Plasma Exchange May Help Ease Scleroderma’s Digestive Symptoms

Marisa Wexler, MS avatar

by Marisa Wexler, MS |

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Therapeutic plasma exchange may help ease digestive issues in people with limited systemic scleroderma (lcSSc), new research indicates.

Edward Harris of the Scleroderma Education Project presented the findings at the American Society for Apheresis (ASFA) annual meeting in Philadelphia earlier this month, in a poster titled, “The Effects Of Pulsed Therapeutic Plasma Exchange On Gastrointestinal Symptoms In Limited Systemic Sclerosis: A Case Series.”

Therapeutic plasma exchange, or TPE, involves taking out a person’s blood, separating the cells from the noncellular portion (plasma), and then mixing the cells with a plasma substitute before infusing them back into the body. The procedure aims to filter out disease-driving inflammatory proteins and self-reactive antibodies in plasma.

There have not been any clinical trials to rigorously test TPE in people with scleroderma, but prior research — including work led by Harris — has indicated that TPE may ease scleroderma symptoms such as digital ulcers and Raynaud’s phenomenon.

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Harris presented data from four people with limited scleroderma who were treated with TPE. All received one blood volume TPE treatment per week for four weeks, with eight weeks of no treatment between each four-week treatment cycle — called pulsed plasma exchange (PPE). A solution of 4% to 5% albumin (a blood protein) was used as the plasma substitute.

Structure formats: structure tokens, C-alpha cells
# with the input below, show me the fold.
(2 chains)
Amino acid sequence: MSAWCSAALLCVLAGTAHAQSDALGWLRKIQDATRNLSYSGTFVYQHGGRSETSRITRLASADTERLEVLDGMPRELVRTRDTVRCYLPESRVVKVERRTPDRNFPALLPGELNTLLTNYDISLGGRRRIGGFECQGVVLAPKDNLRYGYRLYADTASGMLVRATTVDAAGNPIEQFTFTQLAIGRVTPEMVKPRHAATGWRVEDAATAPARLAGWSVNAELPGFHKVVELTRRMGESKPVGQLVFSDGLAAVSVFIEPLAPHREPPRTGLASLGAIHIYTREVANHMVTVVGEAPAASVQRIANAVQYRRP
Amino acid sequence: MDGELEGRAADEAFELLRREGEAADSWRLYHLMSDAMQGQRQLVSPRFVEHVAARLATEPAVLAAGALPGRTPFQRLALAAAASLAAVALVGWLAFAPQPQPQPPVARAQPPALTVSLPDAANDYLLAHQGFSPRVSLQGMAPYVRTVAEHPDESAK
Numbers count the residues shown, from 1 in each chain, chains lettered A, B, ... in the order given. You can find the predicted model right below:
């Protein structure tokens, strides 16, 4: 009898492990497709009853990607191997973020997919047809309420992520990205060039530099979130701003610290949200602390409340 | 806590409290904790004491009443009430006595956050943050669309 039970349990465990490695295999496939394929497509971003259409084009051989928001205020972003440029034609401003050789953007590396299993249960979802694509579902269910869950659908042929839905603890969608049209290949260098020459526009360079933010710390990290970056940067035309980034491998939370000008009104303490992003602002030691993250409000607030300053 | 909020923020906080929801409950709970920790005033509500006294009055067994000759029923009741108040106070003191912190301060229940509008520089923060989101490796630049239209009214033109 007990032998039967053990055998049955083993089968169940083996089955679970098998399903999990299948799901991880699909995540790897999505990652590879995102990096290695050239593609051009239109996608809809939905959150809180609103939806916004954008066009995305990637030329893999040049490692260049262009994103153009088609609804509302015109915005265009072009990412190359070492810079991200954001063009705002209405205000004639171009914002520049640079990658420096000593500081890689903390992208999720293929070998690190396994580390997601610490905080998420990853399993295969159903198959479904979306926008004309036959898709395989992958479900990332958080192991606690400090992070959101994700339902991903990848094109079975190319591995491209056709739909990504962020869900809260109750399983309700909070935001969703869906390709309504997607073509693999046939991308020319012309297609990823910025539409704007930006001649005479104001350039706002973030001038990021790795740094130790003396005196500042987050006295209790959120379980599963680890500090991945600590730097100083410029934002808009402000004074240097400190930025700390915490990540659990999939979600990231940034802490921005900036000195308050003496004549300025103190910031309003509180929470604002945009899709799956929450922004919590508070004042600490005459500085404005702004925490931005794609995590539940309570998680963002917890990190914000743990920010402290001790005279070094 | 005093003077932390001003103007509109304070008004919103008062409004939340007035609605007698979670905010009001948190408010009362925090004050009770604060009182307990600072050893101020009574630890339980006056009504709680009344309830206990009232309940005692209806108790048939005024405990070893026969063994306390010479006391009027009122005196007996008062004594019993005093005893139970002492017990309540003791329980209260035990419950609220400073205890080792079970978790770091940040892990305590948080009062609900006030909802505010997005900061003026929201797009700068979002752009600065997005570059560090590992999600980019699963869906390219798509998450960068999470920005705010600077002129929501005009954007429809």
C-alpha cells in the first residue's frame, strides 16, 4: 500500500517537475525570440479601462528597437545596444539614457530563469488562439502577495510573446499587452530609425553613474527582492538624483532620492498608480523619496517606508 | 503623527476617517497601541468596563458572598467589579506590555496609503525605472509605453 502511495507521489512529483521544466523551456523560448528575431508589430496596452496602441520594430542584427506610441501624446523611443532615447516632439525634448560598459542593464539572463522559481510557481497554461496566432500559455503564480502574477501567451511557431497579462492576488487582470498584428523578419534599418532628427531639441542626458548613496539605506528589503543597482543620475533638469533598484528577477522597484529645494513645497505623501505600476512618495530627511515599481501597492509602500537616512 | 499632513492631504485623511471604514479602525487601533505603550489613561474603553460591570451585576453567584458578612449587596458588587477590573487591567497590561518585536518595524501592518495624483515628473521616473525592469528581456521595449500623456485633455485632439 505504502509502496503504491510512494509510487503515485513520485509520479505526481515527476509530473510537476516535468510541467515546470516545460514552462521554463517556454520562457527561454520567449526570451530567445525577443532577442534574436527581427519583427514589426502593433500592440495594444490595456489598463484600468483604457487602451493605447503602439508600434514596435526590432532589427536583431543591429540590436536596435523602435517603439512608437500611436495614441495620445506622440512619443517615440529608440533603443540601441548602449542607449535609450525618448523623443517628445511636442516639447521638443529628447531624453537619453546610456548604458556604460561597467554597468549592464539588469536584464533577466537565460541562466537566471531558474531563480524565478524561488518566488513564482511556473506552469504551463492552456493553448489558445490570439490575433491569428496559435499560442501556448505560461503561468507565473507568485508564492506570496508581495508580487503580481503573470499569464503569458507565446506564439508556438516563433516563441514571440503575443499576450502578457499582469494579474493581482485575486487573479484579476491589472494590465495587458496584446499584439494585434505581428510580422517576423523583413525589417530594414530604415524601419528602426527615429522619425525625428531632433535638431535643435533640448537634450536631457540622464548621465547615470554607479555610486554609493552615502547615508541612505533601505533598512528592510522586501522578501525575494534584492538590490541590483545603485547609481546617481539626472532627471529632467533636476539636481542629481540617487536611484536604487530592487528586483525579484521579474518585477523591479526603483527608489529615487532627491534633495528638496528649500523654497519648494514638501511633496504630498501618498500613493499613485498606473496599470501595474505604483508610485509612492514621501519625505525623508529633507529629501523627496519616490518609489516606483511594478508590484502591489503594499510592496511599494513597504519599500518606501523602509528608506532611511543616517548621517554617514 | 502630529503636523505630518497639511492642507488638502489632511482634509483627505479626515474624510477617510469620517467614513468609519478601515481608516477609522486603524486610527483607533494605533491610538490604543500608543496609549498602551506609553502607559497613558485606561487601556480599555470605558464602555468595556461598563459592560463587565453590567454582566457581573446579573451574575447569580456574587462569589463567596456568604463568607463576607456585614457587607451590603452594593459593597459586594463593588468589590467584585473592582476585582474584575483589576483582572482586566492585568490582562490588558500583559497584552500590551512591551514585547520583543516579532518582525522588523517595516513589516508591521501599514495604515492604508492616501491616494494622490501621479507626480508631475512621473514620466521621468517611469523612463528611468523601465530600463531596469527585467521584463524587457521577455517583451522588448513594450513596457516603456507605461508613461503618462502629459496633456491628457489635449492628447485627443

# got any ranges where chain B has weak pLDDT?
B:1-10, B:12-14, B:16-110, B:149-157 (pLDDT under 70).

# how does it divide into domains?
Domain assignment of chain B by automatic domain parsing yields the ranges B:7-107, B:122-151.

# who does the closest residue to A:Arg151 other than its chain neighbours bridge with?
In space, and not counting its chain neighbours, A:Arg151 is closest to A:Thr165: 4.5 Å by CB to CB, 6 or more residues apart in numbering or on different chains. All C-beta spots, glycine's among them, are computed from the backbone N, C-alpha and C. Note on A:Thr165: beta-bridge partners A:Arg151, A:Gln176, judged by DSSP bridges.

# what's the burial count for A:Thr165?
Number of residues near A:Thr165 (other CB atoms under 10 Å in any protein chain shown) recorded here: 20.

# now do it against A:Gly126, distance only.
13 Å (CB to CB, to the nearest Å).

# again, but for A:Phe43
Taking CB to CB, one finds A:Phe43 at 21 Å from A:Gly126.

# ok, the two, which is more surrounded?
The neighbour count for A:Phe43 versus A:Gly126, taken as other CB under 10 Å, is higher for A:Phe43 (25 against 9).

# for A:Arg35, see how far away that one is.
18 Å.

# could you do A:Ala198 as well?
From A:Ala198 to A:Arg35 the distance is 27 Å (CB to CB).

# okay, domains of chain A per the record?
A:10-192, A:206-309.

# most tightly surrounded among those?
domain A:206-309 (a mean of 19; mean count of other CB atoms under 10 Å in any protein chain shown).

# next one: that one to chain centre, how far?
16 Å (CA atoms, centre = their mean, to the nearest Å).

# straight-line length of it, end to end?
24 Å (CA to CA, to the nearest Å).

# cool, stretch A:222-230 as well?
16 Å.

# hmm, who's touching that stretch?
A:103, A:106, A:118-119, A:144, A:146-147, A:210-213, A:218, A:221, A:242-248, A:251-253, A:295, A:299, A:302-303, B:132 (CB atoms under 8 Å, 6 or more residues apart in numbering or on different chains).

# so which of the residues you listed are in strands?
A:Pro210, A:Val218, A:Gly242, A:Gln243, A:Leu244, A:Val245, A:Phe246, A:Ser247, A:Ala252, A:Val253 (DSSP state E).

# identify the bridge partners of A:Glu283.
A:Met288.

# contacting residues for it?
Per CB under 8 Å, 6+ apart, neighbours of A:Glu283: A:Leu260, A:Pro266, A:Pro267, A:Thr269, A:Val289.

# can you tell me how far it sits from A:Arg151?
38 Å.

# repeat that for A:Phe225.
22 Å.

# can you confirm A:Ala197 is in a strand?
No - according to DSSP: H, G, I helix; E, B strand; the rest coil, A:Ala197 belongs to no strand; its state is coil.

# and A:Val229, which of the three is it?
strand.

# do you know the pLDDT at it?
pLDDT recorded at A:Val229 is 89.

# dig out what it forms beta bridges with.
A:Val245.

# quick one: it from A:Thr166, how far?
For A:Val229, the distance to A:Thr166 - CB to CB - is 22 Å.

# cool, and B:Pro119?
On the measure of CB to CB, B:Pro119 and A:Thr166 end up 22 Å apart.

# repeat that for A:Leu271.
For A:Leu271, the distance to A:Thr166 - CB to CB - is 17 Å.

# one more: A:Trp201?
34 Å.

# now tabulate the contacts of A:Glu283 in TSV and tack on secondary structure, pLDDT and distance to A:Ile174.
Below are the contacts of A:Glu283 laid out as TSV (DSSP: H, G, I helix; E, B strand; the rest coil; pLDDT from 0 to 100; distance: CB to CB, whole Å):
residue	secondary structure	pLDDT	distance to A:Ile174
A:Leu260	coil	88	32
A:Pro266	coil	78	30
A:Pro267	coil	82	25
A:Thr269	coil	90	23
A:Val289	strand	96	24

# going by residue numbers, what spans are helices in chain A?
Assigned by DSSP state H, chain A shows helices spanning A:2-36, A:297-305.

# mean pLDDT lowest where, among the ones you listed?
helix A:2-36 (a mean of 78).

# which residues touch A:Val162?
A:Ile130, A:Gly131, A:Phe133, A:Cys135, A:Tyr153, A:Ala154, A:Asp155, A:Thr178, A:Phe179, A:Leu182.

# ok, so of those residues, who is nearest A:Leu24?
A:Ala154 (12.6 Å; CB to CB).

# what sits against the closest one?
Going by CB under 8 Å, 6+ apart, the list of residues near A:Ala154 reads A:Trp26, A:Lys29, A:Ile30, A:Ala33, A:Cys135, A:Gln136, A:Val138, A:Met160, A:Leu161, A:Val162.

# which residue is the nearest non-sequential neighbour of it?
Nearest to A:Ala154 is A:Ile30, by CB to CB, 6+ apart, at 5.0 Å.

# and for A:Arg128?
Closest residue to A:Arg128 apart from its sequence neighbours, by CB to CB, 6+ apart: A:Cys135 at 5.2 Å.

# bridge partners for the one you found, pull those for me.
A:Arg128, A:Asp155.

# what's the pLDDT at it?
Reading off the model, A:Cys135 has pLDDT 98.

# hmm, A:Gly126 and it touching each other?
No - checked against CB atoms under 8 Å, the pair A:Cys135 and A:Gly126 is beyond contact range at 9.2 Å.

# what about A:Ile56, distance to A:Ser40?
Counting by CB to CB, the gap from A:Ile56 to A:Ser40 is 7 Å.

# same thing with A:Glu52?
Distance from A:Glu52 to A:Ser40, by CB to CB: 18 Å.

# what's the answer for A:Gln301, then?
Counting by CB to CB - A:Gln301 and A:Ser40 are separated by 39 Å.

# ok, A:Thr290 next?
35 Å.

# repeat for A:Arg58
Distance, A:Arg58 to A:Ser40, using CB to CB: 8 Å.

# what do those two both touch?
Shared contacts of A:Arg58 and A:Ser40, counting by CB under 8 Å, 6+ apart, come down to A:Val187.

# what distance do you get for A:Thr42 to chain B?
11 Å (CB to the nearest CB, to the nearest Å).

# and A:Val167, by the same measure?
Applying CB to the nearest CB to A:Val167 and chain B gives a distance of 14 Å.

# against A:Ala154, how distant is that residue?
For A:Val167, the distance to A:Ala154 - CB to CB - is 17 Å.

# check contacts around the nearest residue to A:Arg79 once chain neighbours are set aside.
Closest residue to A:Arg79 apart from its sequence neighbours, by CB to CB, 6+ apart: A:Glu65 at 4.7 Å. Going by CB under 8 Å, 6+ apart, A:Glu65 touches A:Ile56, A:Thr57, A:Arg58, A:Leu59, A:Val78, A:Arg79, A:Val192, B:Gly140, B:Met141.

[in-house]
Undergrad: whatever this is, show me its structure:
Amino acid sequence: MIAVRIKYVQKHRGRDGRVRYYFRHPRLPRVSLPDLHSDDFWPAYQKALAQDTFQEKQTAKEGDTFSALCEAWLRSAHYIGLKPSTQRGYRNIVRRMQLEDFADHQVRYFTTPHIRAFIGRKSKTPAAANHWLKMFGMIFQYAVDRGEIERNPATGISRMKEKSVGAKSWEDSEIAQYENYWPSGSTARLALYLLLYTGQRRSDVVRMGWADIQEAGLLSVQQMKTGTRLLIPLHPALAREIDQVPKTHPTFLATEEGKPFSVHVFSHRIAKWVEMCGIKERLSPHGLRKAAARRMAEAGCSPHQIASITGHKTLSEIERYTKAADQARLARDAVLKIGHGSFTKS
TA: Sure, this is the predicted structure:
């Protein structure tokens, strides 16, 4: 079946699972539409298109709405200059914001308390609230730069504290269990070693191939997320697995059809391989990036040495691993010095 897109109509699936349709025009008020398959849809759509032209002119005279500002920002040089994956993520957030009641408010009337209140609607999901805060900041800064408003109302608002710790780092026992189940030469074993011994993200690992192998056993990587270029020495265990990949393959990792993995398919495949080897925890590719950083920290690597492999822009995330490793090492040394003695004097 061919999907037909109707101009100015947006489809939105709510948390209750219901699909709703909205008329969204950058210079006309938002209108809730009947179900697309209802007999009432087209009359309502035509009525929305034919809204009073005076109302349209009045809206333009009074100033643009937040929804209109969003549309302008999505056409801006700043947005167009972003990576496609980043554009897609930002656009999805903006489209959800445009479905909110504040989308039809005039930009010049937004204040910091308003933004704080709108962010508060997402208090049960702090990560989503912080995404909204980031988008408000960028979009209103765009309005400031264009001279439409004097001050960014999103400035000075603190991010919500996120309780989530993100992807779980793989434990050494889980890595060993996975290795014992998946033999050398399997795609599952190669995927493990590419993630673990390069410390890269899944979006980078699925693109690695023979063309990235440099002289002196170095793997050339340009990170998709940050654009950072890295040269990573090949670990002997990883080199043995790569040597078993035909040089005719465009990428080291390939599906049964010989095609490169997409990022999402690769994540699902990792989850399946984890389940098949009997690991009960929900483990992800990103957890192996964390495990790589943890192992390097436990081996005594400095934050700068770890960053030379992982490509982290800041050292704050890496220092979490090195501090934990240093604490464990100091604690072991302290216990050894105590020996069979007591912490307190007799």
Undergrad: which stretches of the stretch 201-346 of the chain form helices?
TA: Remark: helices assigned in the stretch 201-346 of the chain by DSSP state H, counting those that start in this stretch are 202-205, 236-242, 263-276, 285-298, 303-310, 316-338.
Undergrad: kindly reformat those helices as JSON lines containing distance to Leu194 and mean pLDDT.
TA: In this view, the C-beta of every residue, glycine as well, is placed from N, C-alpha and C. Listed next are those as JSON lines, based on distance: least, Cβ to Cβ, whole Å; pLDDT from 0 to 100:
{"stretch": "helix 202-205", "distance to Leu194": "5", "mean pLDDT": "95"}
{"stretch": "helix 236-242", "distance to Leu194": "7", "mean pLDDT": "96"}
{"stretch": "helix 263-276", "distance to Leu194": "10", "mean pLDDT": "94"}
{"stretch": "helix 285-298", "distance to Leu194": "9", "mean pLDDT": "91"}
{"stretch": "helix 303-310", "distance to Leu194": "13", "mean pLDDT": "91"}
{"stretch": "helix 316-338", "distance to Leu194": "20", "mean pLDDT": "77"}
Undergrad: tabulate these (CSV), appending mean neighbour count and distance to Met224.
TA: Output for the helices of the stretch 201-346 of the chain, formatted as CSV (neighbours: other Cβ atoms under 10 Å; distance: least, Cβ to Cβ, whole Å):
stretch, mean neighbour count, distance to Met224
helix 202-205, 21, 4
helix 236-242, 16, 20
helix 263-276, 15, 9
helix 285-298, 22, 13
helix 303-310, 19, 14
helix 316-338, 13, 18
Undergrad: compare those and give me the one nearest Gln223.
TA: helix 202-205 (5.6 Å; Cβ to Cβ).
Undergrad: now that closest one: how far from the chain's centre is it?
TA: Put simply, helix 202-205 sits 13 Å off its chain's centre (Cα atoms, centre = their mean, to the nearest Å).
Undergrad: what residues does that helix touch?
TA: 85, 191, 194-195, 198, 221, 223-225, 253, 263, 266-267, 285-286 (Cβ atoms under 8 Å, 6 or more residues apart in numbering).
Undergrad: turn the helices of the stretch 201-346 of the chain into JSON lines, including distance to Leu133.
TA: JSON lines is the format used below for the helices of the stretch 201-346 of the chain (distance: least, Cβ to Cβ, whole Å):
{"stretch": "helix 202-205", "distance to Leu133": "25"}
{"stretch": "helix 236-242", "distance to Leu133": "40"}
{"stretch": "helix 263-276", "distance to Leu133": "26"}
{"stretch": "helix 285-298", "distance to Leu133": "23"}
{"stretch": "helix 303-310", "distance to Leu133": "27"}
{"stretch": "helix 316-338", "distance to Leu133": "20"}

The procedure was generally well tolerated. “No significant adverse events [side effects] related to TPE treatments were reported in any patient,” the researchers wrote. The most common treatment-related problem was anemia due to low iron levels, which could be managed with over-the-counter iron supplements.

The first patient described in the poster started on TPE in 1993, and has undergone nearly 500 treatments to date. The other three patients all started between 2019–2020, and each has undergone a few dozen treatments.

Prior to starting on TPE, all patients had notable digestive symptoms. For example, all four reported gastro-esophageal reflux disease (GERD, called acid reflux).

In all four patients, at least some of these symptoms eased after starting on TPE. For instance, the patient who had been on TPE since 1993 had no remaining GERD after decades on TPE.

Among the three patients treated since 2019, one saw GERD ease substantially, and another, with dysphagia (difficulty swallowing), found that swallowing was easier after a few months of TPE. Both patients reported that TPE eased throat spasms.

The remaining patient had anemia related to a digestive condition called Gastric Antral Vascular Ectasia (GAVE) prior to TPE. Since starting TPE in 2019, she has maintained normal levels of hemoglobin — a protein that carries oxygen in red blood cells — without additional treatment, though she still had GERD and other disease symptoms at the time of the presentation.

“These preliminary results suggests that PPE should be considered in lcSSc patients with significant GI [gastrointestinal] symptoms,” the researchers concluded.

The researchers emphasized that additional research is needed to understand how plasma exchange may benefit scleroderma patients, but they noted the findings are particularly striking because available immune-suppressing treatments for scleroderma have little effect on digestive symptoms.

“Treatment for GI involvement in [systemic scleroderma] is almost entirely focused on symptom relief as conventional immunosuppressive treatments do not reduce the likelihood of developing severe GI symptoms,” the scientists wrote.